And in an Opinion essay, “Thankful for Libraries,” Charles M. Blow shares how vital these institutions have been for him:
But particularly for these kinds of people, living in rural areas, libraries can be an incredible tool. When I was a senior in high school, I won my way to the International Science and Engineering Fair. That year, 1988, it was being held in Knoxville, Tenn. It was the first time I would fly and the first time I would travel far from home.
Determined not to expose myself as a hick, I went to the library in Arcadia and checked out every book of etiquette on the shelves. They were familiar to me, reference books, books of rules that in my mind were the only thing separating me from the appearance of refinement and sophistication. I devoured those books.
I guess you could say that now, all that information can be found online, but high-speed broadband is not as ubiquitous as you might think. In 2019 the Pew Charitable Trusts explained that the number of Americans without broadband “could be over 163 million,” and that included 40 percent of schools and 44 percent of adults in households with incomes below $30,000.
Again in college, it was in libraries that I found myself, not only physically but spiritually. It was in books in the college library that I first saw and read about openly queer people, that I first read about the Stonewall riots and the gay rights movement. The books were stored in a corner of the library that almost no one seemed to visit, but I went there often.
In the stacks, I learned that my difference wasn’t anomalous. Up to that point, even in college, I had never met a person who was openly queer.
Students, read one or both of these pieces, then tell us:
What are your earliest memories of visiting a library? Who was with you? Did you borrow books? Do you remember any impressions of that visit?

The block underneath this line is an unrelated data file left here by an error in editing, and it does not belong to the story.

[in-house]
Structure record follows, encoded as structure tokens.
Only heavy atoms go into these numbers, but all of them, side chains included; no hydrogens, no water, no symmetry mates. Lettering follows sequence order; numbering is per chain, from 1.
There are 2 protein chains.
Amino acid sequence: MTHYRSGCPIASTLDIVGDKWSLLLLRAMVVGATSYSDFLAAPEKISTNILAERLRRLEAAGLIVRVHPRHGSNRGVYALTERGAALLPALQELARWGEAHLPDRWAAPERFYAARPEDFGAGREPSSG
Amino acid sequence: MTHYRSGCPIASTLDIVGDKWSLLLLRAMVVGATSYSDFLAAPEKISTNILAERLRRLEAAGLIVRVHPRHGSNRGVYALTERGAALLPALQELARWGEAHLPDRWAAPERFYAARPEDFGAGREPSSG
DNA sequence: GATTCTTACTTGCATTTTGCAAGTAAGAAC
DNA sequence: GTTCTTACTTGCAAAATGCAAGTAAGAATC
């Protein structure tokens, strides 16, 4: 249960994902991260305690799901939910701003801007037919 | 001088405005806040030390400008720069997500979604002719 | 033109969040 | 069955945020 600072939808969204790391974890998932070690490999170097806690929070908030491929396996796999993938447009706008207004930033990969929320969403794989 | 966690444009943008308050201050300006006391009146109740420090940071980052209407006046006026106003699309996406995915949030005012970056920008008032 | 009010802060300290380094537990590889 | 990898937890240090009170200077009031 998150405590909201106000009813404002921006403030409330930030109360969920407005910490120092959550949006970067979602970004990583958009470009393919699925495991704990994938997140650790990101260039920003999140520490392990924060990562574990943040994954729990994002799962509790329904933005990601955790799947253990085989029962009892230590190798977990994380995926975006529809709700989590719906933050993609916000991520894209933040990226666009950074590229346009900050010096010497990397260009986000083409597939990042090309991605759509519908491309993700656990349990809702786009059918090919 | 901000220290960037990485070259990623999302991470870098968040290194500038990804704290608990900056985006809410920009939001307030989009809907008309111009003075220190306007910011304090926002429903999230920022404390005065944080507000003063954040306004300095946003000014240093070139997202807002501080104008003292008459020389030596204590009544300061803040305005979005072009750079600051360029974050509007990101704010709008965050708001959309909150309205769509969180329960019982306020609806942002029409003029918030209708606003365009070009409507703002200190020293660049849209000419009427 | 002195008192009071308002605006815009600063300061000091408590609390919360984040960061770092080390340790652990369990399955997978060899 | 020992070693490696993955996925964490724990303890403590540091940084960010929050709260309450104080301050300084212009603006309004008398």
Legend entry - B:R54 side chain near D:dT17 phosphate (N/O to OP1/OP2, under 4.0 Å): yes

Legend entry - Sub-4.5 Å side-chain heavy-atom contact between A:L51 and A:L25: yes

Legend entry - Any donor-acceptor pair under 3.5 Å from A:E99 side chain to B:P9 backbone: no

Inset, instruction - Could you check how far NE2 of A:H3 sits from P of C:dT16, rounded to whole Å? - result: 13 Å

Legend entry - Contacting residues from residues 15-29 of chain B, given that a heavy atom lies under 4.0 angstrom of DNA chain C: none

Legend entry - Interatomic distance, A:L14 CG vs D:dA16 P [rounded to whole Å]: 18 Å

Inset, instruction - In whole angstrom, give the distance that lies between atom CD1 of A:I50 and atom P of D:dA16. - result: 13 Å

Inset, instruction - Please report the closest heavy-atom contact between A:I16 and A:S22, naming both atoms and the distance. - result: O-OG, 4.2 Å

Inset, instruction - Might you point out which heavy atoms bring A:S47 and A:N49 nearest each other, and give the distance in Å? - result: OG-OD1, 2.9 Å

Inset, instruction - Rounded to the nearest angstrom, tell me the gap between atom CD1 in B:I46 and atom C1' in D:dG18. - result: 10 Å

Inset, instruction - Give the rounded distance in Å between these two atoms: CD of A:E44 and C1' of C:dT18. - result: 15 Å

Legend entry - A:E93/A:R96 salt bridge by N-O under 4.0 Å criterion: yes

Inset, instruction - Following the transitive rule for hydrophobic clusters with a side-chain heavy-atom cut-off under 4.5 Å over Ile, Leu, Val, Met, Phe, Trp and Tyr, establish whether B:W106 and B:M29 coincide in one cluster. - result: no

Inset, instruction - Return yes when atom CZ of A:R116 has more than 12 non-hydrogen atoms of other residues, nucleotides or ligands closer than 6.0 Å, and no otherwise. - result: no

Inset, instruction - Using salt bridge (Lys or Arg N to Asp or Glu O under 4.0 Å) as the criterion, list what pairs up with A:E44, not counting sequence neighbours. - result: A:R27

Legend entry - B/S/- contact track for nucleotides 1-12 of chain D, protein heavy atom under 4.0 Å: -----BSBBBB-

Do you currently frequent the library at your school or in your neighborhood? If so, what do you do there? What do you like or dislike about the library? If you don’t visit libraries, what other spaces in your life serve the purposes described in these articles?
What role does reading play in your life? Has it changed over time? Do you read books outside of the classroom? If so, how do you obtain them? Do you borrow or download books from the library, buy them yourself or pass them around among family and friends?
Mr. Blow says that “it was in libraries that I found myself, not only physically but spiritually.” Have you ever had an experience in a library like the one he described? If so, what was it, and how has it affected your life?
Mr. Blow also writes, “In an era of increased book banning, library defunding and even bomb threats, it seems that now more than ever I ought to make clear how valuable and central libraries have been to my life and success.” Do you feel like libraries are under fire in your community? Have you witnessed or heard about book bans, budget cuts or threats of violence at your local library? What about at school? How, in your opinion, should situations like those be handled? Why?
Students 13 and older in the United States and Britain, and 16 and older elsewhere, are invited to comment. All comments are moderated by the Learning Network staff, but please keep in mind that once your comment is accepted, it will be made public and may appear in print.
Find more Student Opinion questions here. Teachers, check out this guide to learn how you can incorporate these prompts into your classroom.